Massachusetts artist Clint Baclawski inverts the idea of a billboard, using light boxes and photography.
Clint Baclawski makes billboards, but he is not trying to sell you anything. With a background in advertising photography, he has a keen eye for its aesthetic, but his images are sculptural photographs rather than pushes for product. “There’s no better billboard than art, and these images are displayed as such without something to advertise,” Clint says.
After six years of practicing traditional photographic methods, Clint had the notion in 2006 to get the photograph off the wall, and so he did, transferring the images into light boxes, double-sided and free standing, lit from within with fluorescent bulbs. He was taking photographs and inverting them, flipping text, asking the viewer to question how the photograph was taken. His images dealt with commercialism, but some muddled aspect of it. A Walk in the Park, for one, represents The Macy’s Day Parade, but a small crowd from the night before.
Baclawski’s concept started evolving while he was constructing a light box during graduate school at MassArt. A print fell onto a fluorescent bulb and draped itself over the long tube of light and voila! He created Chromogenic, a composite of LED tubes separated and laid out on a wall, each wrapped with a section of a photograph—an abstracted landscape fading from bright greens to blues. The effect is disorienting in a way; the image is obscured and then clarified as you move around its parts, an effect that goes for his body of disembodied billboards.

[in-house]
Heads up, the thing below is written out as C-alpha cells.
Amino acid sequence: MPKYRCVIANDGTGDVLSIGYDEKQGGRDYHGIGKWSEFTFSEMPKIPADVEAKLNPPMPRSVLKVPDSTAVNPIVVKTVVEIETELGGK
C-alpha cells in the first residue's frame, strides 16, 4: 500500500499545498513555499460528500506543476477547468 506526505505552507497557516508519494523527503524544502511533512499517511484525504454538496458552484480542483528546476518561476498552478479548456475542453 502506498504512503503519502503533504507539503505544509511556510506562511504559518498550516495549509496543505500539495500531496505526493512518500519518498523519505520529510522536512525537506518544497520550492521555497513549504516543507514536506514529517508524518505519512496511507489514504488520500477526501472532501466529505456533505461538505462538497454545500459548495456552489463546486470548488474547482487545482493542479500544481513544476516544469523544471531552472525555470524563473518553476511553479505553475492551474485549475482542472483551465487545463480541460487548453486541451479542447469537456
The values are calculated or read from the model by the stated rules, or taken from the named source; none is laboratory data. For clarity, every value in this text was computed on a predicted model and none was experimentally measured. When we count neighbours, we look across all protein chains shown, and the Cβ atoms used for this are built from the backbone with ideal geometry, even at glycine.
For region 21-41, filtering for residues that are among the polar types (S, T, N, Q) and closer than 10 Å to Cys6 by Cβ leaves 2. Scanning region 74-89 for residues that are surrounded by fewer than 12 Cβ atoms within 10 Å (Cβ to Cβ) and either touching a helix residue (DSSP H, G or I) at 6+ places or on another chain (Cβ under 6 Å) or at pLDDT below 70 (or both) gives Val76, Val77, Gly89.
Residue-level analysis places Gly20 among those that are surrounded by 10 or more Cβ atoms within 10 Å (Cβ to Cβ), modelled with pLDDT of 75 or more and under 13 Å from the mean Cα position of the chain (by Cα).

As he moved from light boxes to more complex photographic sculpture, Baclawksi changed his subject matter changed dramatically. “No longer did I need the imagery to be dense and complex, full of crowds and tension,” he says. “I went very simplistic.” Using the structure of his work itself to stir the viewer, he layers lights on mirrors, representing simple images with complex modalities and concepts.
“There’s beginning to be two distinct bodies within the light bulbs,” Baclawski says. His nature images exist on pure color Plexiglas, but he is creating a distinct body of work on mirrored surfaces. “They’re all about places one would inhabit but devoid of people. My latest, Oasis, is a houseboat.”
Another piece, Thoreau, sits ironically in a corporate lobby on a gold background, a minimal and humble abode glowing on a gold background in a place surging with money. His works on mirrored surfaces, such as Thoreau, seem to expand in two directions. The mirror pushes into infinity, while the glowing bulbs emerge toward the viewer. As you witness the empty replica of Thoreau’s home, you witness yourself reflected back as well, occupying the home in a way. While Baclawski’s work plays with commercialism in the digital age, he still works with film and refuses to outsource work, making sure to be a part of his work in every aspect. He’s begun creating miniature versions of his work as well.
These days, Baclawski is working on his largest commission to date, utilizing eight-foot-long bulbs, and is preparing for HUBweek, Boston’s “festival for the future,” a weeklong event in October bringing innovators, scientists, artists, and thinkers together. He’ll be occupying a shipping container in Boston’s City Hall Plaza, where his viewer will be pulled into an indoor billboard of sorts, a consumer inside an ad without a product to consume, save the thought-provoking work itself.